Before Project Mercury, design concepts for manned spacecraft were constrained by a lack of hard facts about the human ability to function in the space environment. Many believed that electronic systems, controlled from the ground or programmed for specific contingencies, offered the only safe and practical means of operating a spacecraft. From this point of view, the person in the spacecraft was simply a passenger, an experimental subject whose main function would be to provide the physiological data needed to define the limits of a human's role in space. Mercury's designers did not completely agree with this philosophy; they conceived a spacecraft in which the pilot could take control of critical systems if necessary and would have some measure of control at all times.2
Within months of the start of Project Mercury NASA selected its first group of pilots for the early earth-orbital flights. The "Original Seven," all military test pilots* with strong engineering backgrounds, were volunteers picked from a list of more than a hundred men provided by the Pentagon [see Appendix 6].3 In view of Mercury's experimental character, the choice of test pilots was appropriate; they were accustomed to dealing with emergencies under stressful conditions and were familiar with the physical and psychological stresses of high-speed flight in unproven aircraft.
In choosing test pilots as its first astronauts, NASA came down on the side of people as active participant in spacecraft operations. It was yet to be shown how much humans could effectively participate, but the astronauts in the first group insisted on giving the pilot as much responsibility for control of the spacecraft as feasible; if the pilot did not operate the spacecraft, what was the point of a person in space (especially a test pilot)? Most of the engineers in the Space Task Group agreed with this viewpoint. In light of their long NACA experience with piloted aircraft, they too inclined toward giving pilots all the control they could safely handle.4
When the first group of astronauts entered the program in April 1959, Project Mercury and the Space Task Group were organizationally in flux. As a result, the Original Seven defined the role of the astronaut for the entire Apollo program. Administratively they reported not to any project office but directly to Robert R. Gilruth, director of the Space Task Group. For most of Gilruth's career in NACA he had worked with pilots, and he took a special interest in this group. Shortly after the astronauts reported aboard he assured them that whenever they had serious concern with any aspect of spacecraft design or mission operations he would see that they were listened to.5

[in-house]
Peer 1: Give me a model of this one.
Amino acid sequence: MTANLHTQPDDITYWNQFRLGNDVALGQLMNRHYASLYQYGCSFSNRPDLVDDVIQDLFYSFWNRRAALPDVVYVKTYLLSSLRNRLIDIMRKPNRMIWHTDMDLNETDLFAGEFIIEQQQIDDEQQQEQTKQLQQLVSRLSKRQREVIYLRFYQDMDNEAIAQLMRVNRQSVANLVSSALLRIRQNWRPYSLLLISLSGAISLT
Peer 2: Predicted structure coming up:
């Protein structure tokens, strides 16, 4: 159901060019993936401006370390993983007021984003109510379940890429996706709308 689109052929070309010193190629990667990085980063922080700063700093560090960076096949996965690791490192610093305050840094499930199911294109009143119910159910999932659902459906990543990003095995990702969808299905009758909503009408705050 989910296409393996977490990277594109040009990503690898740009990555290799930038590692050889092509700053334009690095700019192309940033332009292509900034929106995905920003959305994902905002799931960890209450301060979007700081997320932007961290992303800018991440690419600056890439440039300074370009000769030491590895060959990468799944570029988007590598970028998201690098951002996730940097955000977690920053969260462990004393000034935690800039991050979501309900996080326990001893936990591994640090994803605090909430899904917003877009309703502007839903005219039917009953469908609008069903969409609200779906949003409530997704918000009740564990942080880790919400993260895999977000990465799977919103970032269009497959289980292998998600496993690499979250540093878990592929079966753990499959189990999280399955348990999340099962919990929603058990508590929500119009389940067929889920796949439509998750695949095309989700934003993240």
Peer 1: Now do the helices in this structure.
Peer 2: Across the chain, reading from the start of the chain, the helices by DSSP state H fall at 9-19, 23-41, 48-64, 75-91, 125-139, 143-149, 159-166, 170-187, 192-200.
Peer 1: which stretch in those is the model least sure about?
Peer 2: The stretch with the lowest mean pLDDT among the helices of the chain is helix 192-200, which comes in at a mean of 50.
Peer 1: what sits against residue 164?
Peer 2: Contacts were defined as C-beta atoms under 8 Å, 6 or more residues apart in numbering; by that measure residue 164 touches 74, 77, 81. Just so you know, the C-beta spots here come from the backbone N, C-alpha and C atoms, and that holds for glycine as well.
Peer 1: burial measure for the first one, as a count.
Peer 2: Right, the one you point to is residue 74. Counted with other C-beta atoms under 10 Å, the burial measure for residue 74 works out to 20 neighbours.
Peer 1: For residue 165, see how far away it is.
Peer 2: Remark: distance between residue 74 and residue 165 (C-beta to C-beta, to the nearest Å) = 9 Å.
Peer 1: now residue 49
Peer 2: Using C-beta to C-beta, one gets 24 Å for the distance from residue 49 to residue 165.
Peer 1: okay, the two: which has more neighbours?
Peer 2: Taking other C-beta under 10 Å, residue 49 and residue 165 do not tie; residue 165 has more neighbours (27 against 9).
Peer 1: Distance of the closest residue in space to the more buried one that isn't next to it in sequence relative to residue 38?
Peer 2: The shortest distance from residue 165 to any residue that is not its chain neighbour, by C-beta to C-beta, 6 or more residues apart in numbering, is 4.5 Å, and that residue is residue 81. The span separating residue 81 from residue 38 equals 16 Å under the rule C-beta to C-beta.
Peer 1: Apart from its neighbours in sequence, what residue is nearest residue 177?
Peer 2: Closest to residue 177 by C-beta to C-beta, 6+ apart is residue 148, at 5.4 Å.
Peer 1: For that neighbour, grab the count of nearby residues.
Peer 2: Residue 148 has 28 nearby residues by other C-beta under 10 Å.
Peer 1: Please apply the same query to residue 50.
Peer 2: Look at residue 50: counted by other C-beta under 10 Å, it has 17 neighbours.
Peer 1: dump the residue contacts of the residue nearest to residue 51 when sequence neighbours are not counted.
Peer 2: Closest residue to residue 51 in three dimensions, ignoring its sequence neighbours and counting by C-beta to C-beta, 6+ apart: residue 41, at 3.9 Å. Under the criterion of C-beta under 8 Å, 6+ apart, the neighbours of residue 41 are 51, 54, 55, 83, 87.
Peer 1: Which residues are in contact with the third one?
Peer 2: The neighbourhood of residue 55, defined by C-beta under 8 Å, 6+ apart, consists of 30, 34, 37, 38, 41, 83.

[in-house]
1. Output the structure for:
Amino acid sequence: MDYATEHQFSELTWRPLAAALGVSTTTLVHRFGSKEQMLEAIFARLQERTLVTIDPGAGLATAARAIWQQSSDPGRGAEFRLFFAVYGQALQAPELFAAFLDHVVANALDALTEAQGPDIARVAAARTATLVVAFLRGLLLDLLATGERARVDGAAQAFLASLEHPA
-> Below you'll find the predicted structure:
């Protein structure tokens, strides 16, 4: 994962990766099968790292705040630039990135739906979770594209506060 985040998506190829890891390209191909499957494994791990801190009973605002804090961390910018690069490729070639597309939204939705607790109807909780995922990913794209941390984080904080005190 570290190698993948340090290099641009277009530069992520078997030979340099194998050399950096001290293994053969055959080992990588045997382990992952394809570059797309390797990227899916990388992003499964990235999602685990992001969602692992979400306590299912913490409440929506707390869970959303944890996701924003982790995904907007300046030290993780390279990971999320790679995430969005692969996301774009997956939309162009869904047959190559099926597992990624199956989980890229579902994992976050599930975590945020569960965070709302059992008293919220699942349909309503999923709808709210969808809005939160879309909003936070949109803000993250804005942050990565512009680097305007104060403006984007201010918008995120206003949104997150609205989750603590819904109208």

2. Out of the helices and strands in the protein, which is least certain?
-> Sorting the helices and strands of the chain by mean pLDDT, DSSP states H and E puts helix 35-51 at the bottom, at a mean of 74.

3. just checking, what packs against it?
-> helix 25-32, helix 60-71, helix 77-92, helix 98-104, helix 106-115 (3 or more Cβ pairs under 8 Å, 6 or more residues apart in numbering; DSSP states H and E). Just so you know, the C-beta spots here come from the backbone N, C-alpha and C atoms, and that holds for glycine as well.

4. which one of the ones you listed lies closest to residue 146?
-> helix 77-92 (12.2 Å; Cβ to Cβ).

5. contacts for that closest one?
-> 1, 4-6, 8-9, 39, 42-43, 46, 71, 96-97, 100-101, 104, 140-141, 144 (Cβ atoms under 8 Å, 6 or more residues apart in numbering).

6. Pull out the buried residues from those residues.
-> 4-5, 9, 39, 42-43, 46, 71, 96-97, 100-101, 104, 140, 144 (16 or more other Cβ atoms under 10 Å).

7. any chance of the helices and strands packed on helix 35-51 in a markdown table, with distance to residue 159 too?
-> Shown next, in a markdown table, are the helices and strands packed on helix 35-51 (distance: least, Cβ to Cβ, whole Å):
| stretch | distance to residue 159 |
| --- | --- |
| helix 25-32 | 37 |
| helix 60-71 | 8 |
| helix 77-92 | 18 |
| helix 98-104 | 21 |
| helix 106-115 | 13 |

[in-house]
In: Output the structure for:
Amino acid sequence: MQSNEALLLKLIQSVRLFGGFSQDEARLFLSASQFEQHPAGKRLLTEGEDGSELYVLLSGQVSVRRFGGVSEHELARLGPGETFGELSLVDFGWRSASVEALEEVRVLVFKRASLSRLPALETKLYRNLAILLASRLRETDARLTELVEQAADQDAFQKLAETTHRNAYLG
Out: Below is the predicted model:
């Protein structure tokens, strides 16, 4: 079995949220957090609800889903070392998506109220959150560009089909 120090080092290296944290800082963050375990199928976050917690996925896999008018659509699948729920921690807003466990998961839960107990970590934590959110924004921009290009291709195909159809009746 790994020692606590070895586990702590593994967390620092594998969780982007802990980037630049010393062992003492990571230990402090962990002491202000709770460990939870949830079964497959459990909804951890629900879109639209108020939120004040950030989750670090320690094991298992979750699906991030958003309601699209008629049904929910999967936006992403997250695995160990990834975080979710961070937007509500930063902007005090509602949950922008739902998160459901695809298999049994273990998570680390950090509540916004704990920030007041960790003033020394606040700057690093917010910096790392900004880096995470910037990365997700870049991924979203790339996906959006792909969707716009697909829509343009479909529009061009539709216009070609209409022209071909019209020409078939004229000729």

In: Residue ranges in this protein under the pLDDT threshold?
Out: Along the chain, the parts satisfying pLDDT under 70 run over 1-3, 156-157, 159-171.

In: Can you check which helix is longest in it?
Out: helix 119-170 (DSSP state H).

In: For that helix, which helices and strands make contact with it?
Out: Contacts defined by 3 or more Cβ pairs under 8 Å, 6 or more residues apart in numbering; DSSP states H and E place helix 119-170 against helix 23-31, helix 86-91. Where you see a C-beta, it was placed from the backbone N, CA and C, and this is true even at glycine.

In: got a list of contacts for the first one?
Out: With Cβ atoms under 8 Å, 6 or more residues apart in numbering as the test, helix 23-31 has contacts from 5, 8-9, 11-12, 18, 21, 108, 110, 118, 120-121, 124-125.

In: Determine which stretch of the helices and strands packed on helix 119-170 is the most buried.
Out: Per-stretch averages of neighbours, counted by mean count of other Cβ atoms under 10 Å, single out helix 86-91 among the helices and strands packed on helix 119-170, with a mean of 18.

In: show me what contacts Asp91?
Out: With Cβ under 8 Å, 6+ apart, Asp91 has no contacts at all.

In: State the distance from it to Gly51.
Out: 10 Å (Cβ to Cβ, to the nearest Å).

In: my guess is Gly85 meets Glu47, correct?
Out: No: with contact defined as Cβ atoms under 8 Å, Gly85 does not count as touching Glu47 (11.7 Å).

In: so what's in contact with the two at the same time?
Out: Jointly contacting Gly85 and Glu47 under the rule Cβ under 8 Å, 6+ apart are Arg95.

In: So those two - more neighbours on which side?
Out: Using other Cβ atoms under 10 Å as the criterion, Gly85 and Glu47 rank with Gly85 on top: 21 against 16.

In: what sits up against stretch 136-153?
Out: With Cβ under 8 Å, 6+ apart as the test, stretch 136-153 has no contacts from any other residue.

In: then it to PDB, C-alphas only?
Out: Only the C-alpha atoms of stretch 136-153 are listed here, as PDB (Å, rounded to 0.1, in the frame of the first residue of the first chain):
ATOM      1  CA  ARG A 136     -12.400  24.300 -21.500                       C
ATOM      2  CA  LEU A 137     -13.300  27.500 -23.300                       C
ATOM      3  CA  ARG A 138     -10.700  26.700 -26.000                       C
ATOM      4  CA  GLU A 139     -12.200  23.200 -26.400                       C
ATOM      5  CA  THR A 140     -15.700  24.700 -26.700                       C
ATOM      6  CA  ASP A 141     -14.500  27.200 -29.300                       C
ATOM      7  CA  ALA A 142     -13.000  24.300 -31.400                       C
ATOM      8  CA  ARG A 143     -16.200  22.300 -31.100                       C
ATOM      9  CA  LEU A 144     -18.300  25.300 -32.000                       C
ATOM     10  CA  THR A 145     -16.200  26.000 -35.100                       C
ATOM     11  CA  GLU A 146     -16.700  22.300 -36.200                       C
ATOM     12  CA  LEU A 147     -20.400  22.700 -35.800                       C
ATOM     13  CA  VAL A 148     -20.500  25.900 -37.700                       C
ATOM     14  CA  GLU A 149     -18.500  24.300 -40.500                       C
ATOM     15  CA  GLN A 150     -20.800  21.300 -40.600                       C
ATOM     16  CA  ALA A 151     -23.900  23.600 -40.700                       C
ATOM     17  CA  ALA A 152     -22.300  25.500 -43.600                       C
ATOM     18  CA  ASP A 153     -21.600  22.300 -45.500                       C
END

Given this kind of autonomy the astronauts were considerably more than pilots in training to operate a new vehicle. While undergoing training they also took an active part in reviews of spacecraft design and operations planning, offered suggestions from the pilot's point of view, and contributed to the design of the flight simulators that soon became an important part of astronaut training. Each person was assigned an area of spacecraft systems or operations planning (e.g., attitude-control systems, communications, recovery operations) as a prime responsibility; in his specialty he closely followed developments and served as the point of contact between his astronaut colleagues and project engineers.6 Training was strongly engineering- and operations-oriented, a pattern that would be carried into subsequent projects.
* NASA originally intended to issue a general solicitation of applications for the position of "research astronaut-candidate," and considered that several occupations besides test pilot might qualify. President Eisenhower, however, directed the agency to select its astronauts from the ranks of military test pilots; this would simplify selection, keep out undesirable applicants, and eliminate the need to run security checks on the candidates.
2. Loyd S. Swenson, Jr., James M. Grimwood, and Charles C. Alexander, This New Ocean: A History of Project Mercury, NASA SP-4201 (Washington, 1966), p. 174.
3. Ibid., pp. 131, 160-63.
4. Ibid., p. 174.
5. Ibid., p. 235; John H. Glenn, Jr., interview with Robert B. Merrifield, Mar. 15, 1968, transcript in JSC History Office files. For a colorful account of the beginning of the manned space flight program, including the choice of test pilots as the Original Seven astronauts and their experiences through the Mercury program, see Tom Wolfe, The Right Stuff (New York: Farrar, Straus and Giroux, 1979). Wolfe's literary style is objectionable to many, but his treatment of Mercury is (to the present author's knowledge) well researched and is considered by many Mercury participants to accurately convey the spirit of the early days of manned space flight.
6. Swenson, Grimwood, and Alexander, This New Ocean, pp. 235-37.